Review: Crazy Chicken: The Pharaoh’s Treasure (Nintendo DS)

pharoahCrazy Chicken: The Pharaoh’s Treasure
Developer: MumboJumbo
Publisher: MumboJumbo
Genre: Puzzle
Release Date: 06/11/09

I am not perfect. I make mistakes. Sometimes, I have been known to judge a game by it’s cover. Heck, as a child I picked a copy of Star Soldier over Mega Man because of the cover. I did not judge this game by it’s cover. I really did not base my initial feelings towards Crazy Chicken: The Pharaoh’s Treasure (CC:TPT) on the title. No, I had a bad attitude game towards this game based on it’s… continent.

There are things that a game reviewer should not admit, but I have to admit this: I have never liked a European game. Never. No James Pond, no Rare titles, no nothing. I even hate Lemmings. Reviewers generally do not admit being biased for or against a whole landmass, but I have to be up front about this. Generally, if a game is Japanese, I’ll give it more benefit of the doubt than an American made one. What does any of this have to do with a puzzle game about a chicken? The thing is, I had every reason to hate this game, but I do not. I kinda like it.

Crazy Chicken: The Pharaoh’s Treasure is a pretty straightforward game. If you ever played Bejeweled or Zoo Keeper or Jewel Quest: Expeditions, you know the basic idea. A board is full of shapes. Those shapes can be swapped in place with one adjacent shape. Match up three or more of the same shape and they disappear. Much like Jewel Quest, there are blacked out parts of the board to be cleared. While simpler than these games, CC: TPT manages to execute this sort of game play well enough.

I have to admit, had this been the extent of the game, I would have had little taste for it. The cool part is that there are five minigames on top of the Match 3. Flight to Egypt, a pretty rudimentary side scrolling shooter, is oddly compelling. Not hard or entertaining, just mystifying. It is like the exact opposite of the type of shooters I like. It was like Bullet Heaven. Save Habib is a strange side game which involves clicking on a bag of powder, clicking on a stack of cannonballs, aiming the cannon, then clicking the cannon to fire. Just make sure that you do not shoot poor Habib! Spot the Mistake is just like the magazine game of the same name, with the added bonus of making me want to break my DS over my knee, Bo Jackson style. The worst of the games, by far. Smack the Mummy is a sort of Whack A Mole, with a little strategy. Number Blocks is a math game. I am sure you can imagine how fun that is.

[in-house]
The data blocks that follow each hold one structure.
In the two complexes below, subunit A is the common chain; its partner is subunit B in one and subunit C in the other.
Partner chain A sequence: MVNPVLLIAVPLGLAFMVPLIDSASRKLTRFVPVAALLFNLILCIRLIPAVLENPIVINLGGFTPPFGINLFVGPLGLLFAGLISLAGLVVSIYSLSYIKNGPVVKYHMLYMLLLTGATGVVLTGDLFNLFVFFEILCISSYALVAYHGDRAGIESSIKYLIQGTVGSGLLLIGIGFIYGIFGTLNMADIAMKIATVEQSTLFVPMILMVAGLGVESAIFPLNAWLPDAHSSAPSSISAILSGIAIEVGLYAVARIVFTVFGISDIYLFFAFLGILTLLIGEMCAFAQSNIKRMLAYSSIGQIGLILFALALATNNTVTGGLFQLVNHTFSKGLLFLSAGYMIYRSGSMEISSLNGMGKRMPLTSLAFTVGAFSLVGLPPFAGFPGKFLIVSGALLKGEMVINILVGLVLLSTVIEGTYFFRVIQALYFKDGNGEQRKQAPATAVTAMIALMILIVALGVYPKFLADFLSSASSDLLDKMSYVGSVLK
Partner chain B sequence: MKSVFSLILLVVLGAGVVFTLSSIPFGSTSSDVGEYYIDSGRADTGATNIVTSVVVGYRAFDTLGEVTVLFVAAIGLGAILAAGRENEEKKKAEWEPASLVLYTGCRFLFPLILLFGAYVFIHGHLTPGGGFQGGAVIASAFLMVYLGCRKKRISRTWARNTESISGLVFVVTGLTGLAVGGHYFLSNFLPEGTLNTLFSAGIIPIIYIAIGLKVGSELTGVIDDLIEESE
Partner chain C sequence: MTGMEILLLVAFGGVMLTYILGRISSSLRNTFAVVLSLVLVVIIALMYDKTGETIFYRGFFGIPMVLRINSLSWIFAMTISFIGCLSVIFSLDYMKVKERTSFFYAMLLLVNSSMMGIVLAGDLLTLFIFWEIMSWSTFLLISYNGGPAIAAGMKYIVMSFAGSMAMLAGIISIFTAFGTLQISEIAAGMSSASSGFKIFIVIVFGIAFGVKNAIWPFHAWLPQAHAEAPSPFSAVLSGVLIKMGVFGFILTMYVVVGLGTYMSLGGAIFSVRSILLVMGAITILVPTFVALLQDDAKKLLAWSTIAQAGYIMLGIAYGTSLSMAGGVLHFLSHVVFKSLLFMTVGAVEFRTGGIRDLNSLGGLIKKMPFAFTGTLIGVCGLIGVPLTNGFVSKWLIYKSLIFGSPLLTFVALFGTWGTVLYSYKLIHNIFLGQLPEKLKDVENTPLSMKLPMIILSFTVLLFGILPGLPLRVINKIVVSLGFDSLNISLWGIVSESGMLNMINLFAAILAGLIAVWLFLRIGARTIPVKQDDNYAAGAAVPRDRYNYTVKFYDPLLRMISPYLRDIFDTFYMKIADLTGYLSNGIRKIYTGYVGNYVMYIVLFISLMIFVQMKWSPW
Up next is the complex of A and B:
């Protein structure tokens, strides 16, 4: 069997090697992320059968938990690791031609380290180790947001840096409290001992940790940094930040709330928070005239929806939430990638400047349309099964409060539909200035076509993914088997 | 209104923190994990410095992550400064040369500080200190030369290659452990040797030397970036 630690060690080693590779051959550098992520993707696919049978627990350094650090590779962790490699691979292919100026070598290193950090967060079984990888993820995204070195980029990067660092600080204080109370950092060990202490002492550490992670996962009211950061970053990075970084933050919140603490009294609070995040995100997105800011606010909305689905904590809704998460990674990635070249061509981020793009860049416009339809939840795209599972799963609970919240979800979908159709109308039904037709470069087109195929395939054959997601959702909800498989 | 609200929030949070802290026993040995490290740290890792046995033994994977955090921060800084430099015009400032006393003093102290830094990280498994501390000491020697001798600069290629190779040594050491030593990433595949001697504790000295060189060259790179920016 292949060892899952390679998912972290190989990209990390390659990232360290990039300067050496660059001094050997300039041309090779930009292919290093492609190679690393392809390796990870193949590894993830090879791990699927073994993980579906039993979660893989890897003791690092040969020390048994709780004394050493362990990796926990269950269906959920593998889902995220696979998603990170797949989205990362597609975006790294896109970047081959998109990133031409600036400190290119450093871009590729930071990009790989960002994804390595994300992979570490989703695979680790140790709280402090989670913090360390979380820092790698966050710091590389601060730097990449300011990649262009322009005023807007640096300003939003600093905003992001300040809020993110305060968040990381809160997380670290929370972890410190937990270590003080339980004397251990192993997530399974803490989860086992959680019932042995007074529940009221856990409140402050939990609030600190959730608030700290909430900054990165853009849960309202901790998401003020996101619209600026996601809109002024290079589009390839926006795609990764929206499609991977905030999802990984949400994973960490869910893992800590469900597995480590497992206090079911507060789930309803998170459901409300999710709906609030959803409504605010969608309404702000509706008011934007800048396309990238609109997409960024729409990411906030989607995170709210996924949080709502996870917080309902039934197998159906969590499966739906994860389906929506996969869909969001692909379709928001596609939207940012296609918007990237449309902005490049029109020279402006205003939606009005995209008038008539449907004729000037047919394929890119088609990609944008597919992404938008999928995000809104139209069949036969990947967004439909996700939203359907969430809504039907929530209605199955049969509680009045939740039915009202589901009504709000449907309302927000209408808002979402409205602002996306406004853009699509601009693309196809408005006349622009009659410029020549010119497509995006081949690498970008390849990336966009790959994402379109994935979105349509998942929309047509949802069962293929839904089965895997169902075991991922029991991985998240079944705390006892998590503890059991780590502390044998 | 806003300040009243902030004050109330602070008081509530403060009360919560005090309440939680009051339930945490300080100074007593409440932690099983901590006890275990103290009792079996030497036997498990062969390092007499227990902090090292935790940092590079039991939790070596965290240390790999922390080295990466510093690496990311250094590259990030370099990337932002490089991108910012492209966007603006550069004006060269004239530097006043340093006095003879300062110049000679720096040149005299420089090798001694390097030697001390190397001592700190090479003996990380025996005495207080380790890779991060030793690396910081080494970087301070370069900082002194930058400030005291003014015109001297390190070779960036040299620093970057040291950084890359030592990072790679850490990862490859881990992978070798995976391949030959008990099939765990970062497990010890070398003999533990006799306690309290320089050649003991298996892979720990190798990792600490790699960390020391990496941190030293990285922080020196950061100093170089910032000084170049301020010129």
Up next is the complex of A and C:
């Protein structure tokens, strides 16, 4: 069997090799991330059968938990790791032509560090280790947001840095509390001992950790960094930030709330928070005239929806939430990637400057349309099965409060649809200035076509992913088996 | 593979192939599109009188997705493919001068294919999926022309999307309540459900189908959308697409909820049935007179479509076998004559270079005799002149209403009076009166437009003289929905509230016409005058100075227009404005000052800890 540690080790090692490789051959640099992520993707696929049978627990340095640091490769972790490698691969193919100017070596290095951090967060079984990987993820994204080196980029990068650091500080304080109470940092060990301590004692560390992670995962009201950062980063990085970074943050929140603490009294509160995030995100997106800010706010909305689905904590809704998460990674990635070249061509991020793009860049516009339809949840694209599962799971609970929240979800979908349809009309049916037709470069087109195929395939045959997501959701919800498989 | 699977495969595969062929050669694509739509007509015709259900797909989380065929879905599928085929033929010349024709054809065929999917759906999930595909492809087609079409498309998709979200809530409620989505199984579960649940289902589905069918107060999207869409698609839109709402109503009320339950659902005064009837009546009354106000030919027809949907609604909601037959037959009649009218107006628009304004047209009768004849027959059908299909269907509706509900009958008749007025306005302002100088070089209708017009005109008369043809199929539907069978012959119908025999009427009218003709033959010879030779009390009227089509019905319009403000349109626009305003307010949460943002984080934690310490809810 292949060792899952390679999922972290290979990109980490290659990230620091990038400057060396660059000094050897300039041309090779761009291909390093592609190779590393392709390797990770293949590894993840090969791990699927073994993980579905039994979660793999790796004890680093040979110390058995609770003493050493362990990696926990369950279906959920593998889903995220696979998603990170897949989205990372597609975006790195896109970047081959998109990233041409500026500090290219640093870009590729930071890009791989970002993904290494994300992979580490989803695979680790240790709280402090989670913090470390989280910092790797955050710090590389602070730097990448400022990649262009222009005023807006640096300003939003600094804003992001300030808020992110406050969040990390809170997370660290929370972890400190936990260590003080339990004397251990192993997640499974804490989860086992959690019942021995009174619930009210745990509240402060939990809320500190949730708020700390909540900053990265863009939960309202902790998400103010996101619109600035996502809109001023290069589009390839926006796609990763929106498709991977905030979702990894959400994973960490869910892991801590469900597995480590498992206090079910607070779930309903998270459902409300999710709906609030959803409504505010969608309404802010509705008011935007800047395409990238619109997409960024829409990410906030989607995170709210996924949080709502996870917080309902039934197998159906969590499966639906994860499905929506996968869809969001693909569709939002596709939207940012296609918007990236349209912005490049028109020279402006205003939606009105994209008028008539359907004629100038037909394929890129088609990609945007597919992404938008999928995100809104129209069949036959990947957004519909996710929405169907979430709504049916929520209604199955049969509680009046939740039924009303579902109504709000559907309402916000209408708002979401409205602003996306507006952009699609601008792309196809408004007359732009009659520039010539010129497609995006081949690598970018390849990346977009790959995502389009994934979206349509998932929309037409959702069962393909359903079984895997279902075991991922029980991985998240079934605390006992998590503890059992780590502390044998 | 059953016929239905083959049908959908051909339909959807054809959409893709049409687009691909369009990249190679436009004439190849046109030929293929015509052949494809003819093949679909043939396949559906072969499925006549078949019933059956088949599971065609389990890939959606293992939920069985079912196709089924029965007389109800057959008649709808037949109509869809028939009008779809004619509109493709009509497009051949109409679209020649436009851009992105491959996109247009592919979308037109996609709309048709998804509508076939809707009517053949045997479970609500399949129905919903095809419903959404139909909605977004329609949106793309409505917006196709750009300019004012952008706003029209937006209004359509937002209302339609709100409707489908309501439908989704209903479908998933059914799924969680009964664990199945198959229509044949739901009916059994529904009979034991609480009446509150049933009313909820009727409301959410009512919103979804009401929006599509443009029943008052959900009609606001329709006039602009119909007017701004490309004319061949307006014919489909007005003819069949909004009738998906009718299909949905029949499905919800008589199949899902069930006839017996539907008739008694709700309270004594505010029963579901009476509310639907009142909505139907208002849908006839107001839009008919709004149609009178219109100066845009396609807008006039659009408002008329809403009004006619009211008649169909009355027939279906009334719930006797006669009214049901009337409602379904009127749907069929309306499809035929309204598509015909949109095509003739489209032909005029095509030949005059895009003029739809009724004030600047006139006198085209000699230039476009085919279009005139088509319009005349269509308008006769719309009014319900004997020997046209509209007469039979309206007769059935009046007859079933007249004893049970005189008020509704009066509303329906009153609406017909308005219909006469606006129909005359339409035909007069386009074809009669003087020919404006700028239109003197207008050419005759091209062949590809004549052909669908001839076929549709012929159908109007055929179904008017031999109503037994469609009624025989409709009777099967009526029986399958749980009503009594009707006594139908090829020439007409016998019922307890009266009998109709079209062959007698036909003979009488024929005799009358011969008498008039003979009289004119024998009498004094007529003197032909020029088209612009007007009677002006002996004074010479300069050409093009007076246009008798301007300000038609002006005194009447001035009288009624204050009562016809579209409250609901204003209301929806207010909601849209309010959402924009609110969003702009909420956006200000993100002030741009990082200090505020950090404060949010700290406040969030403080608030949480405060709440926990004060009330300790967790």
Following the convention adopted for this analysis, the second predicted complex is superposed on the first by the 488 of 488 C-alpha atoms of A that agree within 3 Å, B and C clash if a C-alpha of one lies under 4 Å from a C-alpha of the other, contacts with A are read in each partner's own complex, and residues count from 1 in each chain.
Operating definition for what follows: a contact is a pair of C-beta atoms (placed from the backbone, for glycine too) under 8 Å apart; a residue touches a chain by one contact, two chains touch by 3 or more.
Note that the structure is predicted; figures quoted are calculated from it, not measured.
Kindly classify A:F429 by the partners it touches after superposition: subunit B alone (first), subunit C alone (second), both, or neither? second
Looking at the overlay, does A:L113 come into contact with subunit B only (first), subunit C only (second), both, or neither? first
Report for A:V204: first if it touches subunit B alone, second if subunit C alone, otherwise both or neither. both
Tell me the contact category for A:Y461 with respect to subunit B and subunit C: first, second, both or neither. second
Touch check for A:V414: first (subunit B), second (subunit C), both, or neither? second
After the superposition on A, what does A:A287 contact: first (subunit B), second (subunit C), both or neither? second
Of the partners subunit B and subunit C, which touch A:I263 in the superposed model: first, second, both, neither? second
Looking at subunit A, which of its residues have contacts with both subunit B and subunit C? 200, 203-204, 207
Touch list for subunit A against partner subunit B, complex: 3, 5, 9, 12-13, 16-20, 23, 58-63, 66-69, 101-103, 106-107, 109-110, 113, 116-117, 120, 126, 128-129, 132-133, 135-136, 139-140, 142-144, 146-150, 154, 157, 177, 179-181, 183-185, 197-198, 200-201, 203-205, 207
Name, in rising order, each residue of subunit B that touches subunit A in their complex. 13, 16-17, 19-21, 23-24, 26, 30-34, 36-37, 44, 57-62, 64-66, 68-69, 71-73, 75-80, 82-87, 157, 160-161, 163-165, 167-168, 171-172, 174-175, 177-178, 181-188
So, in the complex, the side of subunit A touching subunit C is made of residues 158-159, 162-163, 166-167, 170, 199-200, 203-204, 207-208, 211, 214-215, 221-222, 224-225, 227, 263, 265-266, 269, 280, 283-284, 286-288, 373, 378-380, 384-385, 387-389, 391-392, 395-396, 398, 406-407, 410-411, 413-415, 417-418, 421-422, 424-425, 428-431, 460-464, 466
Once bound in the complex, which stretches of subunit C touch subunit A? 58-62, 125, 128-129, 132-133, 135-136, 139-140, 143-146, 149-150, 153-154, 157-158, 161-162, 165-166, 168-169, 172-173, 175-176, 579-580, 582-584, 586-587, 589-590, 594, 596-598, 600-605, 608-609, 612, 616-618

All of that being said, I kept playing this game. Was it my love for the strange CG chicken? Was it the engrossing story about treasure hunting? Was it masochism? I really cannot tell.

Graphically, Crazy Chicken does what it should. It is very workmanlike. The whole game has a shiny, CG look, sort of like a DS version of an old XBOX game. The character design, known as Moorhuhn in Germany, is oddly likable. I did notice some nice animation in Flight to Egypt.

The sounds of this game were not so good. I spent as little time as possible with the volume above zero. This is not a real issue, since I have never liked a DS game’s music. Ever. The beauty of handheld games is not in the audio, you know?

At the end of the day the question is: Is Crazy Chicken: The Pharaoh’s Treasure worth your time? If you like chickens more than the average person, enjoy solid, if not spectacular games, and are not looking for much from a game, then give this one a shot.

The Scores
Story/Modes: Good
Graphics: Decent
Sound: Bad
Control and Gameplay: Decent
Replayability: Decent
Balance: Decent
Originality: Mediocre
Addictiveness: Decent
Appeal Factor: Decent
Miscellaneous: Decent

FINAL SCORE: DECENT GAME!

Short Attention Span Summary
Moorhuhn is coming to take your soul, one game at a time! Seriously, though, Crazy Chicken: The Pharaoh’s Treasure is a decent little game, great for kids and non-gamers, and a fun palate cleanser between higher profile titles. Not perfect, but it does what it does well enough to warrant a look.

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